OAKLAND – Losses never sit well with A’s manager Bob Melvin, but there’s consolation during the regular season because each day brings a new game and a new shot at redemption.
Playoff-elimination defeats are toughest because there’s no tomorrow, and the A’s have now experienced back-to-back Game 5 losses in the American League Division Series. The disappointment sticks with Melvin as winter sets in.
“Incrementally you get over it some, but I don’t know that it completely goes away,” he said. “Then to have this type of year, and the same type of finish, it sucks. … We’ve beaten on this door a couple of times. We need to actually kick it in.”
Advancing deeper into the postseason will headline the list of goals next spring for the two-time defending AL West champs. But as Melvin and general manager Billy Beane conducted their respective season-ending press conferences Friday, it was apparent that neither man believes major changes are necessary for the A’s.
Oakland went 96-66, the second-best record in the league. They held a 2-1 lead over Detroit in the ALDS but blew two leads in a tide-turning Game 4 loss at Comerica Park. Melvin and Beane both bemoaned the lack of execution in that game, but they viewed it in an isolated sense, not as an indicator of major flaws with the club.
“Most of these guys won the AL West the last 2 years, so they’re worthy of bringing back,” Beane said. “It’s a group of players that is still young, and it starts with the pitching staff. In some cases they should only get better. I feel good about the group.”
Melvin said his confidence stems from the fact the A’s broke out by winning the 2012 division title, then backed it up this season.
“The first year was kind of a novelty thing, we came out of nowhere,” the manager said. “Now, when you have to do it when you have expectations, you find out who you are as a team.”
The A’s could have a somewhat uneventful winter, though that’s been said in past years and Beane has gone on a wheeling and dealing bonanza. But most of Oakland’s core players for 2014 are under team control.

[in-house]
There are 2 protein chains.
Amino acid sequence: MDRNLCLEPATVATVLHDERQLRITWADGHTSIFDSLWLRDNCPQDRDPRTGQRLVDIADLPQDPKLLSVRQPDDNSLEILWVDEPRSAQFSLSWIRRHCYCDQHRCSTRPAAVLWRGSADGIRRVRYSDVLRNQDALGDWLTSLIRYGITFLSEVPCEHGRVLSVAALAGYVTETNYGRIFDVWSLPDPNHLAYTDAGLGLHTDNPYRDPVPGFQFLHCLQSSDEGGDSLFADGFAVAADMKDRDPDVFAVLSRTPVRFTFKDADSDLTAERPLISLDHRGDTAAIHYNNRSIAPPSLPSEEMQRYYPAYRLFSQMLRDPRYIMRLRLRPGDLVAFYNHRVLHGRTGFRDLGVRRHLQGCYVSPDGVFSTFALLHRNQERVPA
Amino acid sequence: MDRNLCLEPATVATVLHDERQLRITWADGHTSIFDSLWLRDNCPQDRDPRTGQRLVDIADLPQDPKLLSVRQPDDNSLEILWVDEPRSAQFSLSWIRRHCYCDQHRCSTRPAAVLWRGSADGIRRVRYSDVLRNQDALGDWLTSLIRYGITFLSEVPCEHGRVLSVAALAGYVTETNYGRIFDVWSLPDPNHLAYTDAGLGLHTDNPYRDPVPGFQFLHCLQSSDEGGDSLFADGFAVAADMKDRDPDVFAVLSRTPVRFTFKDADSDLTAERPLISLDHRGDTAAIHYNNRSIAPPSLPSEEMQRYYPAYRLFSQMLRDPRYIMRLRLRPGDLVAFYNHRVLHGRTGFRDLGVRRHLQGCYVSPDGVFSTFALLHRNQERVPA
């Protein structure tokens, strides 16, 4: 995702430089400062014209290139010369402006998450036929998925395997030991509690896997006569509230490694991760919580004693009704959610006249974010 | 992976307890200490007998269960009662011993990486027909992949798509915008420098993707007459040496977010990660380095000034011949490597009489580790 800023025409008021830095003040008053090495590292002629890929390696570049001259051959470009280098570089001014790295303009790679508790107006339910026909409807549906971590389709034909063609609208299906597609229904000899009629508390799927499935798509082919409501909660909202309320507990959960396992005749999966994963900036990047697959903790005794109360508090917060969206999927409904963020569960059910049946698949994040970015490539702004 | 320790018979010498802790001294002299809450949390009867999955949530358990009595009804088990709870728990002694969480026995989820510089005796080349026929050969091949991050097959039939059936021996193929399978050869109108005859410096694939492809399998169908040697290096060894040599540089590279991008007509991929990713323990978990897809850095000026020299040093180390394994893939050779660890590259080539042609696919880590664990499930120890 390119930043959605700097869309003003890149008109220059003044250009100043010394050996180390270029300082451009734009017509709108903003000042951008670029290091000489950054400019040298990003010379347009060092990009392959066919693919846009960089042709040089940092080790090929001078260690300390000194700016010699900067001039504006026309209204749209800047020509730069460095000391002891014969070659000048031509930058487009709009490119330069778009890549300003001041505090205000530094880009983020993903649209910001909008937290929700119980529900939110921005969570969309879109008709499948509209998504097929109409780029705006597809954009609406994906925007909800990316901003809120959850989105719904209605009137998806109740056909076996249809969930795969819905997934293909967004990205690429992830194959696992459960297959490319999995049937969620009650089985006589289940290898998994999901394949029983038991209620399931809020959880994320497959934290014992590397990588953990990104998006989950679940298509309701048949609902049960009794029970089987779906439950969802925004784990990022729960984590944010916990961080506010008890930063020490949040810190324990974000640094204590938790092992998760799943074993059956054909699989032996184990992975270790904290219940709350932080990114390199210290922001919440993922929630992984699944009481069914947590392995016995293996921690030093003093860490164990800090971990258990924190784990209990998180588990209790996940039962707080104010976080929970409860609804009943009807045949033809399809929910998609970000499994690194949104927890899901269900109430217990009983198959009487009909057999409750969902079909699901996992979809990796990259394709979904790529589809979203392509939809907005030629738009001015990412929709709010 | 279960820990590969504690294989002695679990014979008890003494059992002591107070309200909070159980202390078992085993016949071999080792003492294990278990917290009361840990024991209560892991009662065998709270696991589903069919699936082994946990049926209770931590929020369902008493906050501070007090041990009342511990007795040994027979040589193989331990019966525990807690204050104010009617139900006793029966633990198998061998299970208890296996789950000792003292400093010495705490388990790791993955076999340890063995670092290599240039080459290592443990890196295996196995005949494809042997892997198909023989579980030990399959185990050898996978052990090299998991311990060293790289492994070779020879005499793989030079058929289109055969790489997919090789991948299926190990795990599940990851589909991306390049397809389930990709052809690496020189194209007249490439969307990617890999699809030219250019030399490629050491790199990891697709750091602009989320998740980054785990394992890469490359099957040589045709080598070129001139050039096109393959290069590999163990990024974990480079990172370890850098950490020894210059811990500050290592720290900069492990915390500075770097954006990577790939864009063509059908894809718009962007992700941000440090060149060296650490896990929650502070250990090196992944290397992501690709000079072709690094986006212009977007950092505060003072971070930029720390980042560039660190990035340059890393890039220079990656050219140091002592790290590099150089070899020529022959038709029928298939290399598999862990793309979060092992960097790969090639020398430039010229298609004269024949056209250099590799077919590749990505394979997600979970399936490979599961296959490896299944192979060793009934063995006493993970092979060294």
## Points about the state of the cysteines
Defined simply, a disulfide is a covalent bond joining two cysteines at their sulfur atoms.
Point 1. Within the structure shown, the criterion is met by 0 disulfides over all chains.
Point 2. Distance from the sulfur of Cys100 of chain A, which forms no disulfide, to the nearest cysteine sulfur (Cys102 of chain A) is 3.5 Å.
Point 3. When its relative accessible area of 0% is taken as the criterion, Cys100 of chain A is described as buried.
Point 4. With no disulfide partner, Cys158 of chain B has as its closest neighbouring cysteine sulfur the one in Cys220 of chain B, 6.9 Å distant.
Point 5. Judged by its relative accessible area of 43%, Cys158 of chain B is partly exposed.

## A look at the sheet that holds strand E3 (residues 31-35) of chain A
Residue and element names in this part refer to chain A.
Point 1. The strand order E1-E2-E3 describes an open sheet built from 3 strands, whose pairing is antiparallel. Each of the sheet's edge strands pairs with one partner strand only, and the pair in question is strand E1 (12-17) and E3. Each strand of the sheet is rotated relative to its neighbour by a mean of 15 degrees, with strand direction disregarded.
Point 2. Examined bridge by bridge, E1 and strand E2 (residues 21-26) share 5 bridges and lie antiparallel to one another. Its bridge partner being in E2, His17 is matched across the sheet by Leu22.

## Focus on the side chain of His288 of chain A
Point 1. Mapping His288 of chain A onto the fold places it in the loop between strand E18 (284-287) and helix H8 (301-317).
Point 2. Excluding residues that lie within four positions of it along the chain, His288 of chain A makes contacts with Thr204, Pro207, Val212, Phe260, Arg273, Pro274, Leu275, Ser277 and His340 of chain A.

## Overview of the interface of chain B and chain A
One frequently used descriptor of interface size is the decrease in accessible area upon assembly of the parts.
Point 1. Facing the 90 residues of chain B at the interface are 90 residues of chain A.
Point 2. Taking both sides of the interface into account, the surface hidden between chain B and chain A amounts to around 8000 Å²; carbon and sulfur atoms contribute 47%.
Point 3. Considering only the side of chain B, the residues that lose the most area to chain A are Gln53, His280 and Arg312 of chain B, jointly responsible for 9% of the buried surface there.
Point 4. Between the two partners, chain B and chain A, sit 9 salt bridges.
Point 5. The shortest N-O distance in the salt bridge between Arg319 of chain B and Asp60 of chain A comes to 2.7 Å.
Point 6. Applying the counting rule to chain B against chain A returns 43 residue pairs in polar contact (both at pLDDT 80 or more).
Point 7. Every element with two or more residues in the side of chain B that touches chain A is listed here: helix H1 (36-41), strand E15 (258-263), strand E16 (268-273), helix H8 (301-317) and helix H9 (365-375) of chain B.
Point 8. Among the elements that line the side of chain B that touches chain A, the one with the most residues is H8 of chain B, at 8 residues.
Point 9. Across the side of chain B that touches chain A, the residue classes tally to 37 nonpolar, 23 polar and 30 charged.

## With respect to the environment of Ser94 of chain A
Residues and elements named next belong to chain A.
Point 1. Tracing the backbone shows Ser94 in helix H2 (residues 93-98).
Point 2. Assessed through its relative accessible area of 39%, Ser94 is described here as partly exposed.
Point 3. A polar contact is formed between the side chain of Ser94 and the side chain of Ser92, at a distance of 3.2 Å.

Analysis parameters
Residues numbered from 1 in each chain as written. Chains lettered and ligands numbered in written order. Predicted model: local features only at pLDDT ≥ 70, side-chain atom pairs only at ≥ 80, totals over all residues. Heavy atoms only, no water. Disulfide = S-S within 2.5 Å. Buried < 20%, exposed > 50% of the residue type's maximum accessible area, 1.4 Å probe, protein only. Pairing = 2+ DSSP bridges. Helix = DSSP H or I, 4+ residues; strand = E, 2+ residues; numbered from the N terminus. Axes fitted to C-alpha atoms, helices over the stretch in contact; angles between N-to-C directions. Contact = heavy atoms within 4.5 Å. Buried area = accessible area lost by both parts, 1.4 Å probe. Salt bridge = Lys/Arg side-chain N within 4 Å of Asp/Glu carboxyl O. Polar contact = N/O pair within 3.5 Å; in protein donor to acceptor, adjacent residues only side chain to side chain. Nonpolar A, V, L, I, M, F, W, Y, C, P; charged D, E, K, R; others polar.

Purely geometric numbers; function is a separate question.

A major piece of business already is decided, as Beane said the A’s will pick up the $7.5 million option on center fielder Coco Crisp. Crisp told CSN California on Thursday night that he would like a multi-year contract, but that scenario will play out.
[RELATED: Beane -- A's to pick up Crisp's 2014 option]
Left-hander Brett Anderson also is likely to have his $8 million option picked up, Beane said, with Anderson getting a chance to re-establish himself in the starting rotation. The A’s also want veteran starter Bartolo Colon back if the 40-year-old is willing to return for a 17th big league season.
One major task for the A’s will be sorting out the closer spot. Grant Balfour will be a free agent and could get offered big money on the open market that Oakland won’t be willing to match. If he leaves, the A’s don’t have a proven reliever for the ninth inning.
Melvin noted that Ryan Cook, and, to a lesser extent Sean Doolittle, have gotten some experience closing, but it seems unlikely the A’s will hand the ninth-inning keys to one of them and consider the problem solved.
“It’s an area we’re gonna want to address over the offseason,” Beane said.
It sounds as if the A’s won’t pursue an impact middle-of-the-order bat, which is OK if Yoenis Cespedes can make bigger strides offensively than he did in his second big league season. The left fielder saw his batting average drop from .292 as a rookie to .240. He hit 26 home runs but drove in just 80 runs.
“He’s a spotlight guy,” Melvin said. “In the last month he was really good and in the postseason he was really good. I expect him to have better numbers overall next year, but he certainly didn’t disappoint coming down the stretch.”
The A’s have a logjam of catchers, but it seems unlikely the A’s would pick up Kurt Suzuki’s $8.5 million club option. Melvin is high on Derek Norris’ potential and Beane said Stephen Vogt showed a better throwing arm than he expected.
John Jaso remains under team control and if he shows no ill effects from concussion-related symptoms, he could also re-enter the mix.
It stands to reason the A’s won’t pick up Chris Young’s $11 million club option, so the A’s could be looking for an extra outfielder. Enter Michael Choice?
The 2010 first-round pick made his big league debut by hitting .278 in nine games in September.
“I think he is ready,” Melvin said. “It’s just whether a consistent opportunity is there for him.”